Dear Friends, I'm afraid this threat has been captured by an ignorant troll (and by the way he's not "JR", I'm JR). Mr Robinson directs us to a website of a fellow who claims to be an authority on the Conventions. He's not. He's a liar. For example, this fellow tells us that it's permissible to execute a POW who tries to escape by assuming a civilian disguise. This is a lie. The Convention forbids such punishment of escapees. No one who had ever read the Convention could make this mistake. Article 93 Geneva Convention III (on the treatment of prisoners of war) states: [O]ffences committed by prisoners of war with the sole intention of facilitating their escape and which do not entail any violence against life or limb, such as offences against public property, theft without intention of self-enrichment, the drawing up or use of false papers, or the wearing of civilian clothing, shall occasion disciplinary punishment only. There is no way to respond to every false thing in the posts of James Robinson and his "ejectejecteject" friend but I can tell you that they are a tissue of lies. Now, to get back to the point: The black humor in the Abu Ghraib picture case is the government's contention that to release the pictures would violate the Genevation Convention. What provision might that be? The only one I can find is Art. 13: prisoners of war must at all times be protected, particularly against acts of violence or intimidation and against insults and public curiosity. So the government is contending that we may not view pictures of prohibited acts of violence and intimidation because to do so would be a prohibited act of public curiosity. These people have no shame. They will say and do anything. They are beneath contempt.

    Re: ACLU to Get Abu Ghraib Torture Photos (none / 0) (#24)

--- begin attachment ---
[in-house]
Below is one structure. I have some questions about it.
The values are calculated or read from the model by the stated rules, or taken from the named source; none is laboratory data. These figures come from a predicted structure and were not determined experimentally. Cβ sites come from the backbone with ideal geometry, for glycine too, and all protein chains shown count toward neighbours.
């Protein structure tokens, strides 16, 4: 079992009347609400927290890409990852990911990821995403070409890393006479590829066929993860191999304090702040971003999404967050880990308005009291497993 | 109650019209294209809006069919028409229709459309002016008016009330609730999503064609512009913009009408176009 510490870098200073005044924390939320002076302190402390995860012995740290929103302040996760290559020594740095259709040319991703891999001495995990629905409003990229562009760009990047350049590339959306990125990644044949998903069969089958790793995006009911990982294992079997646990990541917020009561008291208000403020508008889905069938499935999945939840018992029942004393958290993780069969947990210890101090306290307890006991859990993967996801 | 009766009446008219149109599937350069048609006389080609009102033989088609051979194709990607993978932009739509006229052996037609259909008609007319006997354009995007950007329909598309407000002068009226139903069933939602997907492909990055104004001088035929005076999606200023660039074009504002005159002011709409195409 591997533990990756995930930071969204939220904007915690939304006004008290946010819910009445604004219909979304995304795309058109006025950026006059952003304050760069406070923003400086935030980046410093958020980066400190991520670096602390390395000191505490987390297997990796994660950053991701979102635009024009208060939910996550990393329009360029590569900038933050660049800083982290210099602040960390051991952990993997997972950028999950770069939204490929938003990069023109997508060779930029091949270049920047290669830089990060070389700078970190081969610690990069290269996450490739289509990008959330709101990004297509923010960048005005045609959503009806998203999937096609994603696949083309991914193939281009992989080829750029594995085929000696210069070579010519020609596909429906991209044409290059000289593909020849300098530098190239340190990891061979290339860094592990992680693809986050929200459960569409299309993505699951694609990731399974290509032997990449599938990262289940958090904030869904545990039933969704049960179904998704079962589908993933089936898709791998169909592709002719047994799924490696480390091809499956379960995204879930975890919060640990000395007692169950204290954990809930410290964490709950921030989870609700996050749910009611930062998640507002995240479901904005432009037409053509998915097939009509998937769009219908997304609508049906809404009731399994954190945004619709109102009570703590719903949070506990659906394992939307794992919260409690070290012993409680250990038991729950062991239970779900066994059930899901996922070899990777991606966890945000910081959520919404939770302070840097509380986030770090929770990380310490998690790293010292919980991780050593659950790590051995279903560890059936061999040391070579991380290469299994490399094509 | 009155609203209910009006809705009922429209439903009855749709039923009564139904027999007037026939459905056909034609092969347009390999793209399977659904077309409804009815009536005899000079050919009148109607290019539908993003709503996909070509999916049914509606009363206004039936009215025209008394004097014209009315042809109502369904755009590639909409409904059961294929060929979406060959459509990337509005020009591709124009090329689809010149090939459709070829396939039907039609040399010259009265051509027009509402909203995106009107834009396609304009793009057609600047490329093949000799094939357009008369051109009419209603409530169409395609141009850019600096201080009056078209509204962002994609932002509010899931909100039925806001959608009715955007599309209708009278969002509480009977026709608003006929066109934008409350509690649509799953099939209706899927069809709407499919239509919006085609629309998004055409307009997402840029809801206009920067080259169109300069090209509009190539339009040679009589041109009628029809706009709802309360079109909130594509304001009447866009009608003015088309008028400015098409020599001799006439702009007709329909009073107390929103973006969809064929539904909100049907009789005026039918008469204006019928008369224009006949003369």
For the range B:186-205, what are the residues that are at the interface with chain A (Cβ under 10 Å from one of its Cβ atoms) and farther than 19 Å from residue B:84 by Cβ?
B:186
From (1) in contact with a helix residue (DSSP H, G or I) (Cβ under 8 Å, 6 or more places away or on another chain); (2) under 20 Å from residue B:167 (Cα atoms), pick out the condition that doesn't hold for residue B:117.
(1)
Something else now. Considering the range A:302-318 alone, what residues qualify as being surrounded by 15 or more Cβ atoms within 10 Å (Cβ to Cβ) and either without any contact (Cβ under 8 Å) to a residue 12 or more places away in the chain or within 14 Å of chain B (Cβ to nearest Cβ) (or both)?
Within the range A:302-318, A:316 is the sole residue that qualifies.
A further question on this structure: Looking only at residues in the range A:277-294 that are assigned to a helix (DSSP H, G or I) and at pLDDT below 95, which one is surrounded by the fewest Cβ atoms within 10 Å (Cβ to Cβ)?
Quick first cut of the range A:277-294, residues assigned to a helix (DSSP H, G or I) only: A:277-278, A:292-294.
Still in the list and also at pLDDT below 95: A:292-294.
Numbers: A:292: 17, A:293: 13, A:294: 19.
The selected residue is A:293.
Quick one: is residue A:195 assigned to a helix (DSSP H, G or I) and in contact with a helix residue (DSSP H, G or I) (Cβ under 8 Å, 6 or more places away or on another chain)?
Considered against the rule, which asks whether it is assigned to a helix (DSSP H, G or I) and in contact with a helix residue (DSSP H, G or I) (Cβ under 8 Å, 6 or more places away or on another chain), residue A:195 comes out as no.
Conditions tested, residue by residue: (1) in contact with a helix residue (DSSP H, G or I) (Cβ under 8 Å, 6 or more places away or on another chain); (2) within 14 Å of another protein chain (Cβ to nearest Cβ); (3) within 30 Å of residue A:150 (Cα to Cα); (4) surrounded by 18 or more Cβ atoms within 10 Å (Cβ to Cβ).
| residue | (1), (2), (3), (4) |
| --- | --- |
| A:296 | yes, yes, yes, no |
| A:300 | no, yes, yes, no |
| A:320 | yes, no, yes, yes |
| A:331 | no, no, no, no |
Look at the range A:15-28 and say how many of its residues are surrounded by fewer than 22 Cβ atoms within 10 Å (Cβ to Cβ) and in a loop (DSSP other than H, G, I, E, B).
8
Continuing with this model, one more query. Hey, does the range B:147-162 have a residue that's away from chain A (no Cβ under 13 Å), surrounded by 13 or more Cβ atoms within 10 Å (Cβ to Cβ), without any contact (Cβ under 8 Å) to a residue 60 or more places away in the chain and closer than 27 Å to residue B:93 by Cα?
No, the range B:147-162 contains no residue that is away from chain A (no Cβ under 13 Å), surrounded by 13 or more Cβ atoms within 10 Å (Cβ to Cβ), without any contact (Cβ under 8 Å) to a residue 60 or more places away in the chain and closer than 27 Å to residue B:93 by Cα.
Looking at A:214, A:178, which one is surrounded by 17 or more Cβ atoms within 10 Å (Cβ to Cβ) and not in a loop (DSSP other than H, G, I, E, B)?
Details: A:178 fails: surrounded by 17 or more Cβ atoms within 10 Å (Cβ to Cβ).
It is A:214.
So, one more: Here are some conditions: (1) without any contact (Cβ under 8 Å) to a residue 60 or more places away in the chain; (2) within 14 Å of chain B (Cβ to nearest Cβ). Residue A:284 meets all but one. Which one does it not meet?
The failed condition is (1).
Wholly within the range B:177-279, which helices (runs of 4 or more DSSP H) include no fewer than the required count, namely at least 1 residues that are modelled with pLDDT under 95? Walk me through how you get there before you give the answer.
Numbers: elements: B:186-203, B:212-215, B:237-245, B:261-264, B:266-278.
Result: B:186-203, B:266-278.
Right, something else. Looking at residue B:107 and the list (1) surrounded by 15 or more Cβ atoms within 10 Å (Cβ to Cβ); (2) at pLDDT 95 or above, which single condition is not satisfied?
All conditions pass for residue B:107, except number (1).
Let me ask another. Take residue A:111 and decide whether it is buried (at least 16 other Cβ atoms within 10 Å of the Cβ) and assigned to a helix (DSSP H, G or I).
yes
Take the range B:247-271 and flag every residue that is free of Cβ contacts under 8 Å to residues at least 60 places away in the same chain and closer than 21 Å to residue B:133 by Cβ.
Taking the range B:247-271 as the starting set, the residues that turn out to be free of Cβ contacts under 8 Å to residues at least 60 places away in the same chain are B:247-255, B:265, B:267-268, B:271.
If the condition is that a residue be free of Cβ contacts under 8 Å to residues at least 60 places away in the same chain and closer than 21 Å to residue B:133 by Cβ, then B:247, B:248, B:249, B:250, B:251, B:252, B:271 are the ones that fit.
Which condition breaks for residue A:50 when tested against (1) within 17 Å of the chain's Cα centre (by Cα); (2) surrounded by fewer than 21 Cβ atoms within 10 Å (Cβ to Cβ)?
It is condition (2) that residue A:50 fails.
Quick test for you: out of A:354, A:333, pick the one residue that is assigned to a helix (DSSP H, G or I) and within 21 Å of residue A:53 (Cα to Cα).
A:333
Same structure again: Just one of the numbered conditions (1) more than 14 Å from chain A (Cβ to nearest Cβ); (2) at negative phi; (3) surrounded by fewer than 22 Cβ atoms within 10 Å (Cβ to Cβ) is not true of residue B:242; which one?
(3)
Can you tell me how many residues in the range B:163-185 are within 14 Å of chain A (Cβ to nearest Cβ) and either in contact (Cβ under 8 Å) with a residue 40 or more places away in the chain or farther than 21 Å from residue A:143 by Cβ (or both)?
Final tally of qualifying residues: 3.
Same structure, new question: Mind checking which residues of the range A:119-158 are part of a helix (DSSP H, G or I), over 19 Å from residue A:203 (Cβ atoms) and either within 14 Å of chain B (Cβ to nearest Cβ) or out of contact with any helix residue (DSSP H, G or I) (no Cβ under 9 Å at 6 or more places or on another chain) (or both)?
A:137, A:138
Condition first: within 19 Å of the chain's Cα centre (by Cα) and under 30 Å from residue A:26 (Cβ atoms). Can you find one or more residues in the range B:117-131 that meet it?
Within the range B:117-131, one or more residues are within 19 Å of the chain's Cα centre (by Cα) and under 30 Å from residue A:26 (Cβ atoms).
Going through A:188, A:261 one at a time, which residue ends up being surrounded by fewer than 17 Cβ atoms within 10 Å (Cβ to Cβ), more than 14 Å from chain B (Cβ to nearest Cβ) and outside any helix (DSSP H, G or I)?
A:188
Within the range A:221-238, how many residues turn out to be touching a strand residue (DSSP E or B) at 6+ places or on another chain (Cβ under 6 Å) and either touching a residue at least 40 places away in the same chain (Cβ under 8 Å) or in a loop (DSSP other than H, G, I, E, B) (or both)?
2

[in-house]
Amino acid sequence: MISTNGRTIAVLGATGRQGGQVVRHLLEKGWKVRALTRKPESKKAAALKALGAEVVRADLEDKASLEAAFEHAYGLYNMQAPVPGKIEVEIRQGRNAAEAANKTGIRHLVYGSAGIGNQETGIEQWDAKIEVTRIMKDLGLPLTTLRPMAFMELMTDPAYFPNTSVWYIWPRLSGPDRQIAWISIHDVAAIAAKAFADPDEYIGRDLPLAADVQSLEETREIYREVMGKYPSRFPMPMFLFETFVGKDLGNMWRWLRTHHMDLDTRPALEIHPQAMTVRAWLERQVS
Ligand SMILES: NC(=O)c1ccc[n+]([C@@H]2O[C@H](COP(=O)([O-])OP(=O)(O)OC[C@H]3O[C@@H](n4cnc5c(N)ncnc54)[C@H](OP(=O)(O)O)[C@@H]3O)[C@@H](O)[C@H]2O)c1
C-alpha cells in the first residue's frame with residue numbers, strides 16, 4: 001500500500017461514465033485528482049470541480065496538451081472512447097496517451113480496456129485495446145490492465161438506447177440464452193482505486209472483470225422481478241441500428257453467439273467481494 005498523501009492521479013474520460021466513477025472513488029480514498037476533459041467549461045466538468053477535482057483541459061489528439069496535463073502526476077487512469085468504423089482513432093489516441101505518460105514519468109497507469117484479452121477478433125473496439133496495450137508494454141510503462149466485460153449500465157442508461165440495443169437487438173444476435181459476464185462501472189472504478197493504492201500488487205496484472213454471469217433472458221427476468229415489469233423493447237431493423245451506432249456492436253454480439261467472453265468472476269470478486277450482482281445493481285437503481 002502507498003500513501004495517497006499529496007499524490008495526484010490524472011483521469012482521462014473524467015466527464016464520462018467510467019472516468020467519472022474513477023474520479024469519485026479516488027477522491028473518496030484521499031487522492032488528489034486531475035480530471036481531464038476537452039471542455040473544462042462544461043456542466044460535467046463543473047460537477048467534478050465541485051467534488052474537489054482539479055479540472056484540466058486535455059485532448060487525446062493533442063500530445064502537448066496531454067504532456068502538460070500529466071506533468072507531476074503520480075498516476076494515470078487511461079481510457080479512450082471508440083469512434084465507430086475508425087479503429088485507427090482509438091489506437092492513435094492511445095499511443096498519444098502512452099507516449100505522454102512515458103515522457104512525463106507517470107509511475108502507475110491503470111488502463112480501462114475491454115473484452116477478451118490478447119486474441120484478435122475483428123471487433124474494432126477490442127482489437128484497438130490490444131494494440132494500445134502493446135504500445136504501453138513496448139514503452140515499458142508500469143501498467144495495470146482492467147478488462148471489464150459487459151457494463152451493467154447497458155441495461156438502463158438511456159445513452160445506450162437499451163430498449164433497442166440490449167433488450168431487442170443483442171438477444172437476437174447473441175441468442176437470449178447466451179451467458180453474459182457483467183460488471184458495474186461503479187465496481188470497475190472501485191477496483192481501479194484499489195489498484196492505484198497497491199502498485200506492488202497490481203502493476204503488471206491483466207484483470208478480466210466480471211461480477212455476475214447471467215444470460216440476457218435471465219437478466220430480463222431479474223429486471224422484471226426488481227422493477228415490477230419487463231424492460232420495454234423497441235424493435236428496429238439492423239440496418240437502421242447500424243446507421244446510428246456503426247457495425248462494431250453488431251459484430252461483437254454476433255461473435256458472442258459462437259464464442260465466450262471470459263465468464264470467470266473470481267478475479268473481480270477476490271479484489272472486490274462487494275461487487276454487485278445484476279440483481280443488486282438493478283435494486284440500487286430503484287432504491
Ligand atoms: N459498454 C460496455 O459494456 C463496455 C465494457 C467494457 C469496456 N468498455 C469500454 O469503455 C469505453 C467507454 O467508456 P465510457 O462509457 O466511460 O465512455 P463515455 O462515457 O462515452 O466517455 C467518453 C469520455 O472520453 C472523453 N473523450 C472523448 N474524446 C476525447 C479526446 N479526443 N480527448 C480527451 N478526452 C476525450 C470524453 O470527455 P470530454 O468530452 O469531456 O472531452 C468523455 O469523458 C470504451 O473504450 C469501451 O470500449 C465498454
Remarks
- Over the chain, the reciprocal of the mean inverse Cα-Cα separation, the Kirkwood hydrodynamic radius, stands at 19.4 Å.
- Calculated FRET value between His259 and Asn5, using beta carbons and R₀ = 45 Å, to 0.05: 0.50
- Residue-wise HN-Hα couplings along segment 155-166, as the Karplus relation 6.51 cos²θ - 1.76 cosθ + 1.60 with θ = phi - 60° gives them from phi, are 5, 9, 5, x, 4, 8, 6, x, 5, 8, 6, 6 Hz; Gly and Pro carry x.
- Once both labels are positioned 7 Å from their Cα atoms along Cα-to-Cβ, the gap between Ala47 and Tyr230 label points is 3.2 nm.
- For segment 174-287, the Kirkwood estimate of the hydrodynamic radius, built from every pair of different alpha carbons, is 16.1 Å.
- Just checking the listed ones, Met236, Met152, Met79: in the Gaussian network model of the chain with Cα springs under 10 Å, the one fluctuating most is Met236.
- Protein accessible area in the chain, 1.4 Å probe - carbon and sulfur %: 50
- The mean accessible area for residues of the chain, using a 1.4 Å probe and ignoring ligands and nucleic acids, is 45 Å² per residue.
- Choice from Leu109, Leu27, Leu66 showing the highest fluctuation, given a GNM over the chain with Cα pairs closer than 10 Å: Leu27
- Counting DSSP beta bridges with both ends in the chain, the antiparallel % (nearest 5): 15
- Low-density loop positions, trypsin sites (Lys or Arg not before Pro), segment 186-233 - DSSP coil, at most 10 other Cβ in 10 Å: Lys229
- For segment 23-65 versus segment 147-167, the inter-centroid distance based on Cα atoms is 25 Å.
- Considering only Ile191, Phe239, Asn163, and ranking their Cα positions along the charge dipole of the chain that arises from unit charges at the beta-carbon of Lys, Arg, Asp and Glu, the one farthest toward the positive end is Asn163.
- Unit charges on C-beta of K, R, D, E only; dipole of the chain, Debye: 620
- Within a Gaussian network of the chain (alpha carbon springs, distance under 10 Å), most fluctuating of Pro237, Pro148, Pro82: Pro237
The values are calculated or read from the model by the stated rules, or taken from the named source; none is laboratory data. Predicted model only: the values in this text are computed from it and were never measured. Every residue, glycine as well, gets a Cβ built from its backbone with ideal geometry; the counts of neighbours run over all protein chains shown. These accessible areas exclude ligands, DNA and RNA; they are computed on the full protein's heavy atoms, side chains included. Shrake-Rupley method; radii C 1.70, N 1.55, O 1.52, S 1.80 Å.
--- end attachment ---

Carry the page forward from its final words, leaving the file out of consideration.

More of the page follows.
by ppjakajim on Sat Dec 17, 2005 at 12:59:40 PM EST
    JR - The fact of the matter is that these people are not POW's protected under the GC. You may read Article 4 which defines what you have to do to be under the GC. i.e. Wear a uniform, have a clear chain of command, carry weapons openly, have clear identification, etc. Article 5 says that if there is doubt about the status of a prisoner, then he must have a tribunal. So, if there is NO doubt that he does not meet the qualifications, no tribunal is called for. So, what they get is what we decide to give them. And it should not be torture. The disagreements come in when abuse is called torture. My belief is that we should give them a fair tribunal, and hang the ones who we find to be illegal combatants, guerillas, terrorists. There is no place to send them, and death has been the historical fate of such people. The innocent ones should be released, with compensation. mfox - Thanks for the personal snarky comment that is totally unrelated to any specific comment. You always meet my expectations. Phantasm writes
    " that I didn't use the term "enemy", for the simple reason that the vast majority of these detainees have not been "enemy combatants" or "illegal combatants" or "terrorists."
    Perhaps you can provide some evidence of your claim??

    Re: ACLU to Get Abu Ghraib Torture Photos (none / 0) (#25)
    by ppjakajim on Sat Dec 17, 2005 at 12:59:41 PM EST
    JR writes:
    I can't imagine why you believe that there is no doubt. I have read that many detainees were rousted from their homes in the dead of night and hauled away. But we don't know, do we?
    What I said was that if there was no doubt that the person captured did not qualify under Section 4, then it was not necessary to give him a tribunal. And a person captured in combat is not a "civilian." He`is an illegal combatant. If there is doubt, give them a tribunal, and if innocent, compensate and send them on their way. JR, not to hurt your feelings, but your belief appears to be that we need lawyers on the battlefields ready to request bail as soon as we capture them.

    Re: ACLU to Get Abu Ghraib Torture Photos (none / 0) (#26)
    by soccerdad on Sat Dec 17, 2005 at 12:59:41 PM EST
    PPJ - wrong as usual remember what you said, just repeating something over and over doesn't make it right.